The use of a male character as victim-hero is only a seeming innovation on the form. The preponderance of female nudity, male prowess, excessive gore, and history of the genre would still indicate a typical young male target audience.  But Jake isn’t like other boys at first.  He is initially effeminate, virginal, a baby-sitter.  In terms of male identification, Jake becomes a hero over this emasculation.  As the collective fantasy of a fully bacchanalian paradise at the beach is literally eaten to pieces in a horrific lake of blood, the audience has Jake, to teach male virtue, to overcome his Freudian father beating (the fish), and survive for an inevitable sequel.  Piranha plays like a Biblical size catastrophe.  The angels save Lot from the doom of the sinful citizens of Sodom.

Personally I don’t care for these kinds of movies so I have a slight objectivity problem.   To me they are just pointless, sadistic voyeurism from a safe vantage.  Despite all the nudity and sex the whole genre is repressed, sexually retarded, and culturally conservative in its stereotypes, conscious and unconscious.  Such films are little more than regurgitated mythology that allow viewers to experience forbidden desires and then displace their punishment onto morally simplistic characters.  Despite the apparent twist in gender roles, the real exercise of Piranha is to advise young males on their castration anxiety.  If you dip your penis in the bloody lake it will become bait.   It will get bitten off.  This is another Freudian complex demonstrated at one point  by a floating, three-dimensional, dismembered penis which gets eaten by the piranha.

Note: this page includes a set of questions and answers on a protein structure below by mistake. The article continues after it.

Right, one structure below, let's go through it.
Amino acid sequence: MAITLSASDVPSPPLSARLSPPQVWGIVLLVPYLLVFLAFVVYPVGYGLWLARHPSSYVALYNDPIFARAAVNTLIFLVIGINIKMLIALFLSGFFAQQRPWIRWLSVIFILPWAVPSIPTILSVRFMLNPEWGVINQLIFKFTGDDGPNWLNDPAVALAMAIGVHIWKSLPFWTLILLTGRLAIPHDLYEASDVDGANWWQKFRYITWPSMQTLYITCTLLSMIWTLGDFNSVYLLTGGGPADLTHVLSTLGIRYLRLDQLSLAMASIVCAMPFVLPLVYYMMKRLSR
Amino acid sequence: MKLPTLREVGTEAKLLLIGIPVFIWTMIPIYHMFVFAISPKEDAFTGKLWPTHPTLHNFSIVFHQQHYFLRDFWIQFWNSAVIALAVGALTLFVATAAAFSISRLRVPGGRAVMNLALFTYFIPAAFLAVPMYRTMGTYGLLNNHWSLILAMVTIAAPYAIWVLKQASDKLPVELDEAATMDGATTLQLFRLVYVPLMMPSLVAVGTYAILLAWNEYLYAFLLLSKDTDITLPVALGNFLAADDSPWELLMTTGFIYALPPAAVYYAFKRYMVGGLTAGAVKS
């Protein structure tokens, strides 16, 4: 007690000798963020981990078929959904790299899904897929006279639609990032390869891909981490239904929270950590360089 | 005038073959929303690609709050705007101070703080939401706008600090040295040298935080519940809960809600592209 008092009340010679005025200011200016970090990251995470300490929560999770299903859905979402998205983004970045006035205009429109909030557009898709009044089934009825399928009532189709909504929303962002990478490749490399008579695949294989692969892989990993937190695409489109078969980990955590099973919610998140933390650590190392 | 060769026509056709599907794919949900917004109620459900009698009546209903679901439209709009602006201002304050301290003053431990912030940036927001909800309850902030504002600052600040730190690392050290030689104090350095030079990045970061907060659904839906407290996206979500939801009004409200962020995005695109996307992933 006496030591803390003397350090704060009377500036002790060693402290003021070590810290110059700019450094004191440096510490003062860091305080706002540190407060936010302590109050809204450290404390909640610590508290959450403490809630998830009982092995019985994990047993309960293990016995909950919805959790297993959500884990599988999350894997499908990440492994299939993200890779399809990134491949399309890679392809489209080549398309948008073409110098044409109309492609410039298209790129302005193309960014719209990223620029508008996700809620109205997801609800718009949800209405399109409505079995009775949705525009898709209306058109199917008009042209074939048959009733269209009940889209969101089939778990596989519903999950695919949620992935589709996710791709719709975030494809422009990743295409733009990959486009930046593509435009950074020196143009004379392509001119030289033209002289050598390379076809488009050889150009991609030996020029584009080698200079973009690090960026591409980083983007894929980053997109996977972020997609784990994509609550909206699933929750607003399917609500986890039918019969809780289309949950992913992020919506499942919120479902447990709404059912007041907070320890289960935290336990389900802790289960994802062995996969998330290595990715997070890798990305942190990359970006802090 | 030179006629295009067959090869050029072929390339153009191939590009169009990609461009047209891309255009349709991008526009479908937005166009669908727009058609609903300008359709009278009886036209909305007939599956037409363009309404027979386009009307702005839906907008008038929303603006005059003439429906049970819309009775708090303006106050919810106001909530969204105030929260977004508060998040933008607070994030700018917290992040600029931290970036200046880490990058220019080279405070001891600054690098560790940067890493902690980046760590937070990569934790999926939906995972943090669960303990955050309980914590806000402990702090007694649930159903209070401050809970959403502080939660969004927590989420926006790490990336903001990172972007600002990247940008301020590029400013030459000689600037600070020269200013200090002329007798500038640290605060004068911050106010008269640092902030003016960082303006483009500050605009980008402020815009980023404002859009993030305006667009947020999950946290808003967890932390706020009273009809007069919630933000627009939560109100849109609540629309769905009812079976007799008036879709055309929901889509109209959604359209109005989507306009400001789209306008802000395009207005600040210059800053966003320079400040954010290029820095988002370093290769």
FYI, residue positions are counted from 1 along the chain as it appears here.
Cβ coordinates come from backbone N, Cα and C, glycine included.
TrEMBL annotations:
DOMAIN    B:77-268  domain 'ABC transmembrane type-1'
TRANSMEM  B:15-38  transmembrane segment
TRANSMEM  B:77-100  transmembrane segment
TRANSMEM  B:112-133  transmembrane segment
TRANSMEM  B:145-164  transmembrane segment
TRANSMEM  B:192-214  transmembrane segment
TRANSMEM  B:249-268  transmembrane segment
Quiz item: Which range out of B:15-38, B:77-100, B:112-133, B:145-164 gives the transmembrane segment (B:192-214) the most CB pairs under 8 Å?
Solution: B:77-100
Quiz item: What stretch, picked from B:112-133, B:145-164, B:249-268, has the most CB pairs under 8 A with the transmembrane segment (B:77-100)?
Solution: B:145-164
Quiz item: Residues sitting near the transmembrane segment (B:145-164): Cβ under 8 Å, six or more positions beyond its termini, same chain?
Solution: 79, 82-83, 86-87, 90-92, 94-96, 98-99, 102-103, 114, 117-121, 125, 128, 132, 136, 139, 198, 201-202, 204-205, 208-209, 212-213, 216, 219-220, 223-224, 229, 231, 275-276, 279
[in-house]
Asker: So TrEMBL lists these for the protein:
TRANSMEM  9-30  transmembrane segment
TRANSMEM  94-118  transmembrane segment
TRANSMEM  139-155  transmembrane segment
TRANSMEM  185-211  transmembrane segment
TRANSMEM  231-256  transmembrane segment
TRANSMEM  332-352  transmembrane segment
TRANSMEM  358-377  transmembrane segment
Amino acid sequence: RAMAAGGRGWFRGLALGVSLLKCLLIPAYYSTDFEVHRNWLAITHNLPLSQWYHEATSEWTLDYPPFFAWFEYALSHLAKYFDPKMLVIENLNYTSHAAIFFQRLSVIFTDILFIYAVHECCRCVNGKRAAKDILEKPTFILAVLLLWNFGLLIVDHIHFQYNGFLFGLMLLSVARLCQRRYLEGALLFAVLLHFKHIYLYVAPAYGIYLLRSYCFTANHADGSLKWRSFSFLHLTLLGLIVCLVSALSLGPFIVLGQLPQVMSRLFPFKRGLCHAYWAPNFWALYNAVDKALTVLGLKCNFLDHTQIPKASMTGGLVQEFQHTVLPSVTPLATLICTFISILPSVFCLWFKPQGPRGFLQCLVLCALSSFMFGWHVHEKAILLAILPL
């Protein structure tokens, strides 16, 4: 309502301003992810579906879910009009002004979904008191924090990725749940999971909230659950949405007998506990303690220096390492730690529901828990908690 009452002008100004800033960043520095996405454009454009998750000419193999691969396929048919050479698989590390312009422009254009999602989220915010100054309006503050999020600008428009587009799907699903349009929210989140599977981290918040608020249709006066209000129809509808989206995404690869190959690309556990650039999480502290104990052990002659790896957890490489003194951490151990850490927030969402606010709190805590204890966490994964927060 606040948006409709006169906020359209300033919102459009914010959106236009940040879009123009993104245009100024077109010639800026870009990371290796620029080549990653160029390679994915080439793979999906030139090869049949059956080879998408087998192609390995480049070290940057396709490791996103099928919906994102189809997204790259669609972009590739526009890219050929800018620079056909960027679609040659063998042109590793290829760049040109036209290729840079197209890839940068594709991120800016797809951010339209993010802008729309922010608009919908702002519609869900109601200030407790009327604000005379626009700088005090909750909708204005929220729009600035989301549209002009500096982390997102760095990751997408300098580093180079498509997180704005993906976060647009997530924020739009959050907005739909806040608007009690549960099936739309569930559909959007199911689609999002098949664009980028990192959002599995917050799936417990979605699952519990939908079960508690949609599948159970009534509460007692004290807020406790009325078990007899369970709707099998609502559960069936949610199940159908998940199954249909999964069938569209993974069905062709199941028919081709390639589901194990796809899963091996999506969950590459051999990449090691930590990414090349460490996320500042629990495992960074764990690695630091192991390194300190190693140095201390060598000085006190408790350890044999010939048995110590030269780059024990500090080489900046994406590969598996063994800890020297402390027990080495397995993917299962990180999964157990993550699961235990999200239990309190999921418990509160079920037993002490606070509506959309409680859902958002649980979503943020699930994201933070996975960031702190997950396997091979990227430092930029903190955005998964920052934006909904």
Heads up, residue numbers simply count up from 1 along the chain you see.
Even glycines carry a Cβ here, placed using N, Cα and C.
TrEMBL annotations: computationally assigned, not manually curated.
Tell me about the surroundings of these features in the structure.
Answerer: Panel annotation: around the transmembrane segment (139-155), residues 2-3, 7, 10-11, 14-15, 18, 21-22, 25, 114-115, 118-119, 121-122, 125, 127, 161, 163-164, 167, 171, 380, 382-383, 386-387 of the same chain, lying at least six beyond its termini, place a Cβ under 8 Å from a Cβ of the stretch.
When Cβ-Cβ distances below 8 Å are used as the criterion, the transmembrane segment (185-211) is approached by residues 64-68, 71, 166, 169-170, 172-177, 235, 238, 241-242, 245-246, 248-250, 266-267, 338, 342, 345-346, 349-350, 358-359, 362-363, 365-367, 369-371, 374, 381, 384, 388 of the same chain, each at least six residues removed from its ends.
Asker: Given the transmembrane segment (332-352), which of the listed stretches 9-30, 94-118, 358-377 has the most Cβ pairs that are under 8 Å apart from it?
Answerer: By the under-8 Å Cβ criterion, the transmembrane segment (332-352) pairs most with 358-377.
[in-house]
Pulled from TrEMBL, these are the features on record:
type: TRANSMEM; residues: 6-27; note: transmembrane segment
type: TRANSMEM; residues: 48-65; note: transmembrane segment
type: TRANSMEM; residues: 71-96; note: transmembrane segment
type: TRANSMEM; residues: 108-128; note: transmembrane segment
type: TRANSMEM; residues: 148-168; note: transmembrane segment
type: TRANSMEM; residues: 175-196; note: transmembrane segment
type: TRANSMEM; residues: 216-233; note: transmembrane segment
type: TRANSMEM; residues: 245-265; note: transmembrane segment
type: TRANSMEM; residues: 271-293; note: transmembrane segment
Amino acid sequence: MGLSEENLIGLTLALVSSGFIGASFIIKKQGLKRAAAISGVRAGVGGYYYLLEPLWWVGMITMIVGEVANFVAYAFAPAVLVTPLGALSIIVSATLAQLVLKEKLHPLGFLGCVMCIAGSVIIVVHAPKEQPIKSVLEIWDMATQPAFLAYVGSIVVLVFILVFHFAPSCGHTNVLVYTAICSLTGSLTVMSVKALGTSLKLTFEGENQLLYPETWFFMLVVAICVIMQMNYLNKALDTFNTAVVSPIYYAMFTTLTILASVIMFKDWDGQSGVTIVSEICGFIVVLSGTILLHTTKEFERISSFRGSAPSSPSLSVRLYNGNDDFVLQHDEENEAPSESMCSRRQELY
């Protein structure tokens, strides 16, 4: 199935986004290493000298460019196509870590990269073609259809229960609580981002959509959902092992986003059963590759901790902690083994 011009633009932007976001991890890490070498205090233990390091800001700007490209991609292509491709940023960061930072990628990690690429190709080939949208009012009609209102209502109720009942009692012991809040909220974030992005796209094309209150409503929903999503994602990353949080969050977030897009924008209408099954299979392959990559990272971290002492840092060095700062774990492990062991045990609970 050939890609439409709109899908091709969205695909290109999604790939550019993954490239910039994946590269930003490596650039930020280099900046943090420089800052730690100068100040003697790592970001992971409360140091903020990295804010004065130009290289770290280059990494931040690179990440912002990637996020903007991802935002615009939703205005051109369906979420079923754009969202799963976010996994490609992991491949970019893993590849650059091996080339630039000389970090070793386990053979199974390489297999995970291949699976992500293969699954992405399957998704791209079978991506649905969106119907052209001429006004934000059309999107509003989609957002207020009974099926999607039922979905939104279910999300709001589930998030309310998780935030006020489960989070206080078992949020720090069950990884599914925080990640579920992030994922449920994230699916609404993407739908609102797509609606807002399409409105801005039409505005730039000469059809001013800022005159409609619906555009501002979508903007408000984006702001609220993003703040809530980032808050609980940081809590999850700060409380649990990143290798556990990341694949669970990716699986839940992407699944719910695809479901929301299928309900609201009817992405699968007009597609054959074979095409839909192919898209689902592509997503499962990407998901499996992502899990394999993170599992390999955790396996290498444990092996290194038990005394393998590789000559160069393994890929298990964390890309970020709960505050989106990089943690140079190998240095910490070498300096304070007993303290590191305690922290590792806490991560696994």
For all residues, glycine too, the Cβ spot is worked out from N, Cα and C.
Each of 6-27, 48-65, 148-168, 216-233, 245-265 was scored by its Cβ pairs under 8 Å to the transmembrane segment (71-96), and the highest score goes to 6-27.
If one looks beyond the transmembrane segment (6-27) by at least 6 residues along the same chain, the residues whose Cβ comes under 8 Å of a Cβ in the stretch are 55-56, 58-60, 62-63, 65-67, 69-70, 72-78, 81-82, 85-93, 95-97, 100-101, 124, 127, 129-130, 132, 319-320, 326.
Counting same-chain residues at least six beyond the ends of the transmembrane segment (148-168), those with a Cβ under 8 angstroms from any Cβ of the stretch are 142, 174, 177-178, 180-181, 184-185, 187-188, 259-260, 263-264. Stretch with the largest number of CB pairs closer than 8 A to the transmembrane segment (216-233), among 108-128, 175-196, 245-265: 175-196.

In terms of pure filmmaking – the effects, the 3D, a pretty good cast – Piranha is the best made of this genre I can think of.  It’s definitely the grossest movie I’ve ever seen.  For blood and gore it’s the best of the worst.